Amazon is planning on releasing at least eight new Alexa-powered devices before the end of the year, according to CNBC, including everything from some type of “in-car gadget” and audio equipment to, uh, a microwave oven.
From the CNBC report, it’s not clear which of the devices will feature full Alexa voice control versus simply being Alexa-enabled. In other words, they won’t necessarily allow users to simply yell at their audio gear or microwave to get it going—they might require users yell at an Amazon Echo or equivalent device with a built-in microphone. CNBC wrote:
The devices include, among others, a microwave oven, an amplifier, a receiver, a subwoofer, and an in-car gadget, people familiar with the matter said. All of the devices will be Alexa-enabled, meaning they can easily connect to the voice assistant. Some of the devices will also have Alexa built in.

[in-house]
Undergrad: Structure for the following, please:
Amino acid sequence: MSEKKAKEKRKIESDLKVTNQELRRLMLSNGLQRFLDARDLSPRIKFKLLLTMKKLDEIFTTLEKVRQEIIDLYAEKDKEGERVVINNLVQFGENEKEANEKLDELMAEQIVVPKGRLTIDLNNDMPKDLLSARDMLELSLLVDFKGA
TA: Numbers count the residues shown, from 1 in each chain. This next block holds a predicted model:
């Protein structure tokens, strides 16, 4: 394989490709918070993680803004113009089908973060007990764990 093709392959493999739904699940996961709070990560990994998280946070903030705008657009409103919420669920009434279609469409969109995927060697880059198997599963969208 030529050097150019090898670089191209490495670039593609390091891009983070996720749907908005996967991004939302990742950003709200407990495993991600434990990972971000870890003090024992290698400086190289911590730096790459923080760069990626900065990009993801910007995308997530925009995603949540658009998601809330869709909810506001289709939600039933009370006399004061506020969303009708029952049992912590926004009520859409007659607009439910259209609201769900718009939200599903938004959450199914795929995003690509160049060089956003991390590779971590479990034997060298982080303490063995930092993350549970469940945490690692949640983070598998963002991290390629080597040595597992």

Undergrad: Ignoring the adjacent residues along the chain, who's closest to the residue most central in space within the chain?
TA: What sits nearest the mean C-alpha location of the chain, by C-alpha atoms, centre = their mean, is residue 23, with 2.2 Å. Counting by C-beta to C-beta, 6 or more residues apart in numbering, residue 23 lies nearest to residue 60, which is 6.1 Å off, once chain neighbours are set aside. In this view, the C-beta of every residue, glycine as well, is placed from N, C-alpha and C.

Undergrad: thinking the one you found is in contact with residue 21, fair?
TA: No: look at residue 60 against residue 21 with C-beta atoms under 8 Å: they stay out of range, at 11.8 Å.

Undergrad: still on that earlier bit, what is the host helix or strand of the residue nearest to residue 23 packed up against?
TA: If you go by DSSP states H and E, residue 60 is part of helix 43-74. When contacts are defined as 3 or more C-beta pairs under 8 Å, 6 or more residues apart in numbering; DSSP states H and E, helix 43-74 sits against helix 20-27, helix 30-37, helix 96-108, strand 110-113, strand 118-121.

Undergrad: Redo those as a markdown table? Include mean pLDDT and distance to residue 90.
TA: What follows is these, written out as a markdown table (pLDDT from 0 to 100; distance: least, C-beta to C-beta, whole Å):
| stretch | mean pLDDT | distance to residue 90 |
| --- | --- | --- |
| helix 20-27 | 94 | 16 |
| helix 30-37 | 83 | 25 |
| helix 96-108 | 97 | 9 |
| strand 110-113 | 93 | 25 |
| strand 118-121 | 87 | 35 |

Amazon is expected to reveal some of these devices at an event later this month, according to an internal document describing the plans.
Amazon has been pushing Alexa hard for quite some time, mainly in the hopes it can leverage the smart assistant to collect user data for marketing purposes (something that may or may not be panning out). As CNBC noted, the new devices are designed to make Alexa more omnipresent in “areas where people spend most of their time—at home and in the car.” The move would also put Amazon in direct competition with companies like Sonos and GE, which already offer Alexa-powered versions of audio equipment and microwaves respectively.
It’s not clear whether anyone would go out of their way to purchase a microwave with Alexa built in, though CNBC wrote Amazon has already launched “partnerships with home builders” like Lennar. That could mean some new homes may come with Alexa already built into an array of devices.
Variety additionally noted that Amazon’s existing Echo speakers are not known for high-end audio, so the introduction of subwoofers and amplifiers could make it more competitive with customers looking to get the most out of their home audio systems. Shares in Sonos fell slightly (two percent) following CNBC’s report, according to Variety.